Paul E. Anna: High Points
The Aspen Times
Aspen, CO Colorado
It’s good to have a town icon.
Philadelphia has Rocky, Chicago has Michael Jordan, Memphis has Elvis. Here in Aspen our town icon turned 89 on Tuesday.
Yes, I know it is hard to believe, but Klaus Obermeyer is just a decade and change away from the century mark. There was a celebration Tuesday at the newly reconstituted Ajax Tavern at the base of the hill (if you haven’t been, it is worth a stop, especially for lunch on the enlarged outdoor patio) to honor the skier, raconteur, businessman and inspirational figure on his special day. And he didn’t look a day over 88.
Klaus’ legend in this town began in the 1940s when he came to teach skiing. Contemporaries included the young Warren Miller, who began to make ski films while sleeping in the back of his car, and Friedl Pfeifer, who was one of this country’s most influential ski instructors. Klaus contributed to the growth of skiing by creating and manufacturing the first down jackets. The innovation changed the sport forever as it allowed people who could not tolerate the elements the opportunity to get out there on the hill in comfort and, as time marched on, in style.
His eponymous skiwear company has been an industry leader ever since, as it not only creates new and innovative products, but also sets standards in employee relations and business practices. It grosses millions of dollars a year but manages to maintain a small-town, small-company feel largely because Klaus likes it that way.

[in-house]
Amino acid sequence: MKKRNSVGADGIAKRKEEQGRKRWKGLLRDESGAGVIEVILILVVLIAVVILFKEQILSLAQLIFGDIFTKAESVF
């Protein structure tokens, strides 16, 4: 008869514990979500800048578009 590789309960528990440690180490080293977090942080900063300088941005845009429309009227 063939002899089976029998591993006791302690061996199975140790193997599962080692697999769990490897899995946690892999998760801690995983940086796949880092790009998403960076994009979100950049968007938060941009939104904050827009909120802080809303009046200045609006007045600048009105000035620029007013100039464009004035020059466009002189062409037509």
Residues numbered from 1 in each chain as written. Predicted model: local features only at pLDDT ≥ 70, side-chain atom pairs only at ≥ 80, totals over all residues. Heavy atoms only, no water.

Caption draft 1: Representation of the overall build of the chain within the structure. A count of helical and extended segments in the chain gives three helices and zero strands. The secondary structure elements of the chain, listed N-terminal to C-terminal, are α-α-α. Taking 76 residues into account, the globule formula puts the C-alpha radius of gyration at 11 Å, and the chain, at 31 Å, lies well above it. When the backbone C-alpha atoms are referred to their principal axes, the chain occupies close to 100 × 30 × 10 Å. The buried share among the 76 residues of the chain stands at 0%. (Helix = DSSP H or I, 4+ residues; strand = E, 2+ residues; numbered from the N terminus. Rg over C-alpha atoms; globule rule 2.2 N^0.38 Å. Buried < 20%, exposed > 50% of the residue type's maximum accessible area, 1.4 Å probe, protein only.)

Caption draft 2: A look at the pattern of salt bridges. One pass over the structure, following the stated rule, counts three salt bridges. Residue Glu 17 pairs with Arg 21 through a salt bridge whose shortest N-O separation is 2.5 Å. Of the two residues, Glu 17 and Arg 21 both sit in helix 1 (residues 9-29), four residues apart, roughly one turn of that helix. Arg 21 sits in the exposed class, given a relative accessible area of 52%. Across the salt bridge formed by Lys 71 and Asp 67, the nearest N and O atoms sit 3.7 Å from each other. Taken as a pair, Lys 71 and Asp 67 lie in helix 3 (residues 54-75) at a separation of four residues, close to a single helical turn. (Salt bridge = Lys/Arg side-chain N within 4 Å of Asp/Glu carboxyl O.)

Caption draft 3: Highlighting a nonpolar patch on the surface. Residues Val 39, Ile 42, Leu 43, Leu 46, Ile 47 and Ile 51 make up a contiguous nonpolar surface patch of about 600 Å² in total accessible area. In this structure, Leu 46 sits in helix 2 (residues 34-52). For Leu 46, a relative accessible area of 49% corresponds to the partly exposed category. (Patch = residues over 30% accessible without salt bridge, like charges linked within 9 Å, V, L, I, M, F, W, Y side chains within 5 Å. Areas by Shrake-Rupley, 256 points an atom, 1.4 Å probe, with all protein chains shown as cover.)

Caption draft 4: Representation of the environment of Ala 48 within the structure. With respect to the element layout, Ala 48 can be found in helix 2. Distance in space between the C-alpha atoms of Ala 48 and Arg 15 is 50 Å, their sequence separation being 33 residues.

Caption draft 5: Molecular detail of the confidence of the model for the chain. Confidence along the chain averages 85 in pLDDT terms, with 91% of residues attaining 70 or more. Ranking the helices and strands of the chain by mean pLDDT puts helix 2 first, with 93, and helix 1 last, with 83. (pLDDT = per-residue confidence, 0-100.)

But Klaus’ status as an icon has much more to do with his spirit and his skills on the hill than his business acumen. No one who has skied with him, or rather behind him, will forget the experience of watching him float down the mountain at breakneck speeds in complete and total control. One of the speakers at the party asked Klaus when was the last time he had “skied his age?” I wasn’t exactly sure what that meant until he noted that seven years ago on the 24 Hours of Aspen course Klaus had been clocked at 82 mph ” days after his 82nd birthday.
At the birthday celebration there were any number of mature faces, many of them wearing Obermeyer sweaters and, despite their years, they maintained the same sense of enthusiasm for life and its adventure as Klaus. It was great to see so many people who have called Aspen home for decades looking so good for so long. But clearly Klaus is in a class by himself.
I engaged the octogenarian in a brief conversation by asking about his son, who had recently returned from the South Pacific. “Do you surf,” I asked Klaus. His blue eyes got big and they looked exactly as they must have when he was 5 years old and just getting on skis. “No,” he replied. “But I am learning to kite surf and that is really, really great!!” An 89-year-old novice kite surfer. Only in Aspen. Only Klaus.
Each week, I fly through DIA on my way home from journeys to the hinterlands of America. There, on a large banner, is a photo of Klaus on skis with the Maroon Bells in the background. It is more than an advertisement; it is a symbol, an inspiration. Each time I see it I know that I am going to a town where Klaus Obermeyer is an icon.
It doesn’t get any better than that.
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